Corporate Civic Responsibility And The Ownership Agenda: Investing In The Public Good (1994), Marcy Murninghan

New England Journal of Public Policy

This article seeks to provoke broader public discussion about ways in which human and ecologic dignity, prosperity, and the civic ideal can be advanced through a revitalized and principled ownership agenda that features greater levels of corporate accountability and civic virtue. It draws from portions of what then was called an “Occasional Paper,” part of a series emanating from the early days of the University of Massachusetts Boston’s McCormack Graduate School of Policy and Global Studies. Written in 1994, it introduces a new paradigm for corporate governance called the “corporate covenant,” which casts ownership within the framework of citizenship ...


Equity Culture And Decent Work: The Case Of Amazon (2017), Marcy Murninghan Mar 2018

Equity Culture And Decent Work: The Case Of Amazon (2017), Marcy Murninghan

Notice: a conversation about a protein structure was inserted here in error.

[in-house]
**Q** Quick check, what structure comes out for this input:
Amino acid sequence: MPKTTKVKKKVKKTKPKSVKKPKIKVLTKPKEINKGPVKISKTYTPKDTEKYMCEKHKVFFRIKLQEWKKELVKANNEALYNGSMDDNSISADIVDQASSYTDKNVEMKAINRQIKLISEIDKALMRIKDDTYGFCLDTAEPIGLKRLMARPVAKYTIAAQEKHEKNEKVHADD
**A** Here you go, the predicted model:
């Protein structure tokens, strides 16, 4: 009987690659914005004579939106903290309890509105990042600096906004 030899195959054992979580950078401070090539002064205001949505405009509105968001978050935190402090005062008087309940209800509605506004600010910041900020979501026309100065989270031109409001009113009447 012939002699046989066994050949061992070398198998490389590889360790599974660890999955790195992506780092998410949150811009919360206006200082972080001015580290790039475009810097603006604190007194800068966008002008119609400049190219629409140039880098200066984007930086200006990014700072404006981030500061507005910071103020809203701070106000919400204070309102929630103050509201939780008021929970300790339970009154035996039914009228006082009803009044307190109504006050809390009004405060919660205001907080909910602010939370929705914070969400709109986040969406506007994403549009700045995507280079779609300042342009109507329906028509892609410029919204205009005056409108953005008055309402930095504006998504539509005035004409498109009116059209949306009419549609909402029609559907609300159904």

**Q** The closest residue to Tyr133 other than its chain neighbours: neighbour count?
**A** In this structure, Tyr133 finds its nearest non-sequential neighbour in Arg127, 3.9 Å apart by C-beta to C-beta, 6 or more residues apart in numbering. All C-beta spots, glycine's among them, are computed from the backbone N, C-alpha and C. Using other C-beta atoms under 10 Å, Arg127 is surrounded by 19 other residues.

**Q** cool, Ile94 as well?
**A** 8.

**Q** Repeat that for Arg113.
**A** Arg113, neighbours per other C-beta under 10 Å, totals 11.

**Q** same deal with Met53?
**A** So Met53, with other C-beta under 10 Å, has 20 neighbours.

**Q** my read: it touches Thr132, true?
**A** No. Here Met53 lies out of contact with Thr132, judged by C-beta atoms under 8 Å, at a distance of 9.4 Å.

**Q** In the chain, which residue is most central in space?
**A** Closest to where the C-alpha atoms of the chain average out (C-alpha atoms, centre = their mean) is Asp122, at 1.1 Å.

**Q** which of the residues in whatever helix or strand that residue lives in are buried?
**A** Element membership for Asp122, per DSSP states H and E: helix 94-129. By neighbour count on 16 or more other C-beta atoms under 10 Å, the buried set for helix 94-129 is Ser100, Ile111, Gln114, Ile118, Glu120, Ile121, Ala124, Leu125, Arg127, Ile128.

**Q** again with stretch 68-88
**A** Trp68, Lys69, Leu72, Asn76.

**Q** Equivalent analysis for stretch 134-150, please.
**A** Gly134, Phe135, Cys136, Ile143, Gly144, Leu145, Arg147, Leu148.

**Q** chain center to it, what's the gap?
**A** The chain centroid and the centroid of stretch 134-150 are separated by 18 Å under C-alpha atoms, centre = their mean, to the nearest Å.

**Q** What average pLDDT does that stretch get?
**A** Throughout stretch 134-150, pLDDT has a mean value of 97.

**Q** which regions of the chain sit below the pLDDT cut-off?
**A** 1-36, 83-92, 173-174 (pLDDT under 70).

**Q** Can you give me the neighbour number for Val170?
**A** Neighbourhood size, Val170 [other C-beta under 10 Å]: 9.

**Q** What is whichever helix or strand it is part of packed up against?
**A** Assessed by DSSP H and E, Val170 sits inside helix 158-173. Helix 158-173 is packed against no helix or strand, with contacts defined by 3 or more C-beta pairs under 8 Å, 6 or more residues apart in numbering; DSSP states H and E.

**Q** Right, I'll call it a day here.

New England Journal of Public Policy

Every year, publicly traded companies hold annual meetings at which management presents a summary of the year’s accomplishments and shareholders vote on a slate of ballot issues, referred to as “proxy resolutions,” that are placed there by either management or shareholders. As in public life, in theory this form of corporate governance relies on a division of authority and checks and balances among shareholders, the board of directors, and company management. In theory, shareholders function much like registered voters, boards serve as their elected representatives, and management operates much like the executive branch to carry out the mandates accorded ...


The Emergence Of A Standards Market: Multiplicity Of Sustainability Standards In The Global Coffee Industry, Juliane Reinecke, Stephan Manning, Oliver Von Hagen Jan 2012

The Emergence Of A Standards Market: Multiplicity Of Sustainability Standards In The Global Coffee Industry, Juliane Reinecke, Stephan Manning, Oliver Von Hagen

Management and Marketing Faculty Publication Series